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Funny or Die has taken aim at Volkswagen and its diesel controversy, and the collateral damage comes in the form of the oft-derided 'basic' girl.


Toyota pays tribute to Jeremy Clarkson, who finally broke his silence, asking fans and media not to bother the producer involved in the incident that led to his firing from Top Gear.


'It Is The Dealership's Position That We Would Like Some Of The Money'

Looking for a more satirical take on the battle between direct sales and dealerships? This "letter" to Tesla from Car and Driver should make you happy then.


A short on Funny or Die clip has Uber apologizing for its bad press in 2014. For 2015, the company plans to fix things by making itself even worse in this potentially not-safe-for-work video.


Five years out from the reported date for the electric Apple Car to hit the streets, the parodies have begun.


How do you cope with bad drivers? Well, The Onion asks, why give in to road rage, when you can have road revenge?


Originally from California, a reporter for KREM 2 News in Spokane, WA gets a lesson in how – and where – to use an ice scraper on a car.


This video provides a hilarious and expensive lesson in how not to use tow straps. Don't let this happen to you out on on the trail.


A Fistful of Wolves is a spoof of fashion advertising, commissioned by Mercedes-Benz to spread a cheeky word about Berlin Fashion Week. Even though it's making fun of fashion, plenty of automotive advertising gets caught up in the satire as well. And it stars the Mercedes C111 concept.


Top Gear is back for its 22nd season, and it's taken its tire-shredding trailers into the world of Lego for a humorous new spot.


The Wall Street Journal's Dan Neil takes aim at the celebrity cars of 2014, including Lincoln's tie-up with Matthew McConaughey, Floyd Mayweather's Bugattis and Jerry Seinfeld's Porsche 918 Spyder.


Formula One supremo Bernie Ecclestone is now poking fun at the settlement he made with the state of Bavaria following his bribery trial earlier this year. His chosen avenue for this jest? A Christmas card.


A toucan followed its nose up to a traffic camera mounted high above a highway in Sāo Paulo, Brazil, setting off an cute scene involving the tropical bird making an appearance on the camera's feed. Alas, it seems unlikely that he discovered any delicious breakfast cereals during his investigation.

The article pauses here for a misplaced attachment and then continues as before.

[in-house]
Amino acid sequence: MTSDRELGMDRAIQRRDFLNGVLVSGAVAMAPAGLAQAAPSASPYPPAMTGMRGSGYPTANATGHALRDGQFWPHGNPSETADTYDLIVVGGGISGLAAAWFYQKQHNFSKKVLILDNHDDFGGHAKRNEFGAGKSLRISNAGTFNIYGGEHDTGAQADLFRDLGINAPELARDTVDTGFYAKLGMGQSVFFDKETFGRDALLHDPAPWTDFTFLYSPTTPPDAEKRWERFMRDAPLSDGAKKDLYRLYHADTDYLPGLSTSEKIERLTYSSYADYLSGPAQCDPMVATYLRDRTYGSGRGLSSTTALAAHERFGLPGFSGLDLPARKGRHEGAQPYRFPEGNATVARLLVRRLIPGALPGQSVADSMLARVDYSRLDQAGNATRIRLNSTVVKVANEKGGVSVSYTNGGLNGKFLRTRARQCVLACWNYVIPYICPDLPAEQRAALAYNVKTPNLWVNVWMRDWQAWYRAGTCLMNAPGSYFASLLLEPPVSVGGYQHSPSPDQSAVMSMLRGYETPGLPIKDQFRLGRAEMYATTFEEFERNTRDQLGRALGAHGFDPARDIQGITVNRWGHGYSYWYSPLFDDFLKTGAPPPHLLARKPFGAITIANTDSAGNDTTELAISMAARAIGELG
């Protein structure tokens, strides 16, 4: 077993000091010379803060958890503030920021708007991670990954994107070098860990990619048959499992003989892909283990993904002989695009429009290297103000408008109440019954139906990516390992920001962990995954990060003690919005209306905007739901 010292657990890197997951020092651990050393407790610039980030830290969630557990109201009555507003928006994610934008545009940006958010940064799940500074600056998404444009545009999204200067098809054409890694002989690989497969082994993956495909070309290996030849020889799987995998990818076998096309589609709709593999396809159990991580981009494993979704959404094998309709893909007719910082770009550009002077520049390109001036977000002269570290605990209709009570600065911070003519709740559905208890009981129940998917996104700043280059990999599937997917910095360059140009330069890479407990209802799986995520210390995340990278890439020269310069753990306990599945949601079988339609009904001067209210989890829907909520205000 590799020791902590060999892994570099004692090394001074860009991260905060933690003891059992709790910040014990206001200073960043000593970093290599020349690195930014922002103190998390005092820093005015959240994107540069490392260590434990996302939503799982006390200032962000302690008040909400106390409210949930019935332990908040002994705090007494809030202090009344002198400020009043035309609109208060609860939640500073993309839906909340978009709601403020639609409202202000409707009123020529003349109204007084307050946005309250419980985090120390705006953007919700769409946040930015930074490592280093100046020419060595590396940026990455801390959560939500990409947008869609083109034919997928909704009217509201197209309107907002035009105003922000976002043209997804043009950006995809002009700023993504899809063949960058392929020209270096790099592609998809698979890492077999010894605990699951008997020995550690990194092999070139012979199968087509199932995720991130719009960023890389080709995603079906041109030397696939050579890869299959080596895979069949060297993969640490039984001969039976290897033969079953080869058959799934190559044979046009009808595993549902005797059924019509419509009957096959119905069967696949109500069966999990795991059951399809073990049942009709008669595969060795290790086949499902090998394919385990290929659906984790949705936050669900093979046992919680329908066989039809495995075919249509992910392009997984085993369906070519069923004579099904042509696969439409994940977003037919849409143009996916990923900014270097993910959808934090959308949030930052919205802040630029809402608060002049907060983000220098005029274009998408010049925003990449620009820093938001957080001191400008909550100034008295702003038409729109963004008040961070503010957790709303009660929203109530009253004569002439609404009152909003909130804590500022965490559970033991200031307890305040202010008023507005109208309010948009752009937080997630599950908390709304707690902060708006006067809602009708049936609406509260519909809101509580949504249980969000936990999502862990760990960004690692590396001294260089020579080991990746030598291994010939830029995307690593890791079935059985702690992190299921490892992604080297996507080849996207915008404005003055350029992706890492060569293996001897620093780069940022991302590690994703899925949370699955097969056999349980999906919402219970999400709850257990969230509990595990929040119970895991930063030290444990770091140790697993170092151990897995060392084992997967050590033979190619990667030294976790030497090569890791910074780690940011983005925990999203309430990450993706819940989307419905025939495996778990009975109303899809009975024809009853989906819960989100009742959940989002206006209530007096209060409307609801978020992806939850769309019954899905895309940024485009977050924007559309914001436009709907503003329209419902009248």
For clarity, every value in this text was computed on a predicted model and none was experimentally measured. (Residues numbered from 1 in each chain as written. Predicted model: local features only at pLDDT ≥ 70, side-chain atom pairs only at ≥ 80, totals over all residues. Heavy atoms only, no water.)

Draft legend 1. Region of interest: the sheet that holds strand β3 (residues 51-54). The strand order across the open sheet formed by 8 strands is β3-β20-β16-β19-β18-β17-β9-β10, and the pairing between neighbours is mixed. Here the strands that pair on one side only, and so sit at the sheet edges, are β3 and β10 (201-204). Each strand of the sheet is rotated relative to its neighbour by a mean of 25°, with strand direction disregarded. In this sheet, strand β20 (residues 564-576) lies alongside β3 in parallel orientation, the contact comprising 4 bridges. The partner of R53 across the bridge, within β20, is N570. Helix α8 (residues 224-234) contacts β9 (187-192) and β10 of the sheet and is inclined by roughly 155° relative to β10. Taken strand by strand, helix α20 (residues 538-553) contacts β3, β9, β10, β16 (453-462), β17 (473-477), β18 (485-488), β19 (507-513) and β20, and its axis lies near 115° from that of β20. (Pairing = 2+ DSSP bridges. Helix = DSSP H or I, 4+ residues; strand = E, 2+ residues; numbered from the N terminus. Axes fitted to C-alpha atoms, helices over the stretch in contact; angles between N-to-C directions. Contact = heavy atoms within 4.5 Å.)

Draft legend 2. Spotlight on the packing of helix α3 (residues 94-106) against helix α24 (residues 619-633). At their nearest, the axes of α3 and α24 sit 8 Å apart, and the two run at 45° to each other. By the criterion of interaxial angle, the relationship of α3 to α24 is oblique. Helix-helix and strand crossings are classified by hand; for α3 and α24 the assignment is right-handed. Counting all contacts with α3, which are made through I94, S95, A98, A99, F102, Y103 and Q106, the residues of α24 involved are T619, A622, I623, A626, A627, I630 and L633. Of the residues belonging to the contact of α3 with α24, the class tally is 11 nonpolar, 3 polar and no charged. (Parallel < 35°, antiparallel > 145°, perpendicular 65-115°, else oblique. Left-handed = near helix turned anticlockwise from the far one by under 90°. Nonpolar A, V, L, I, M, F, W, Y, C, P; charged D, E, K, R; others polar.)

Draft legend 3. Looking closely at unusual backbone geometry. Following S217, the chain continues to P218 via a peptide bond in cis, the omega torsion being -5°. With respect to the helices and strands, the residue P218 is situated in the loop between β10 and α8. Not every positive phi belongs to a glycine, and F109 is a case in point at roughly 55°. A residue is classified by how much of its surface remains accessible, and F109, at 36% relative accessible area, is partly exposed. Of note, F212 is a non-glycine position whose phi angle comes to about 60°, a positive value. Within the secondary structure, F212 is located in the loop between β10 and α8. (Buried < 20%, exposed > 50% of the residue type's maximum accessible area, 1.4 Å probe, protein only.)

It's no secret that the average Formula One pit crew present a master class in precision and speed. Of course, those talents are only really on display during pit stops, when they're basically just changing tires or making tiny adjustments. Considering this, it's fair to wonder how they'd do in something a bit more... soapy.


Have you heard of HBO's newest news show, Last Week Tonight? It stars The Daily Show veteran John Oliver, who, every Sunday night, skewers the previous week's events. If you haven't yet, it really is worth a watch.


In case you're wondering, no, the woman didn't actually hit the dog. This is just a commercial, and a fairly clever one after you get over the perceived canicide, that's meant to show off the desirability of Subaru's lifted Impreza wagon, the XV Crosstrek.


Here's a fun fact: not all automotive calamities in Russia are caught on dash cam. Occasionally, someone with just a cell phone captures some gold, like this woeful attempt at unloading what appears to be a Lada.


Ah... let the April Fools' Day automotive jokes begin. Honda is kicking things off, following up on last year's Honda Hair joke with a prank video featuring the 2015 Honda Fit.


Chrysler's latest Super Bowl ad follows in the footsteps of its classic Imported From Detroit spot starring rapper Eminem and Half-Time in America ad starring Clint Eastwood. Featuring Bob Dylan's gravely voice asking, "Is there anything more American... than America?" the spot has been somewhat controversial, thanks to a few lines informing viewers that Germany can brew beer, Switzerland can make watches and Asia can assemble phones. The US, though, will build your car, Dylan tells us. When the


We previewed Toyota's upcoming Super Bowl ad nearly a week ago, but with the big game just around the corner, the Japanese brand has now dropped the minute-long spot which will air on Sunday.


Rémi Gaillard, the Frenchman famous for his real-life Mario Kart videos, and most recently featured on these humble digital pages for portraying a living, breathing speed camera, is back with his latest video.

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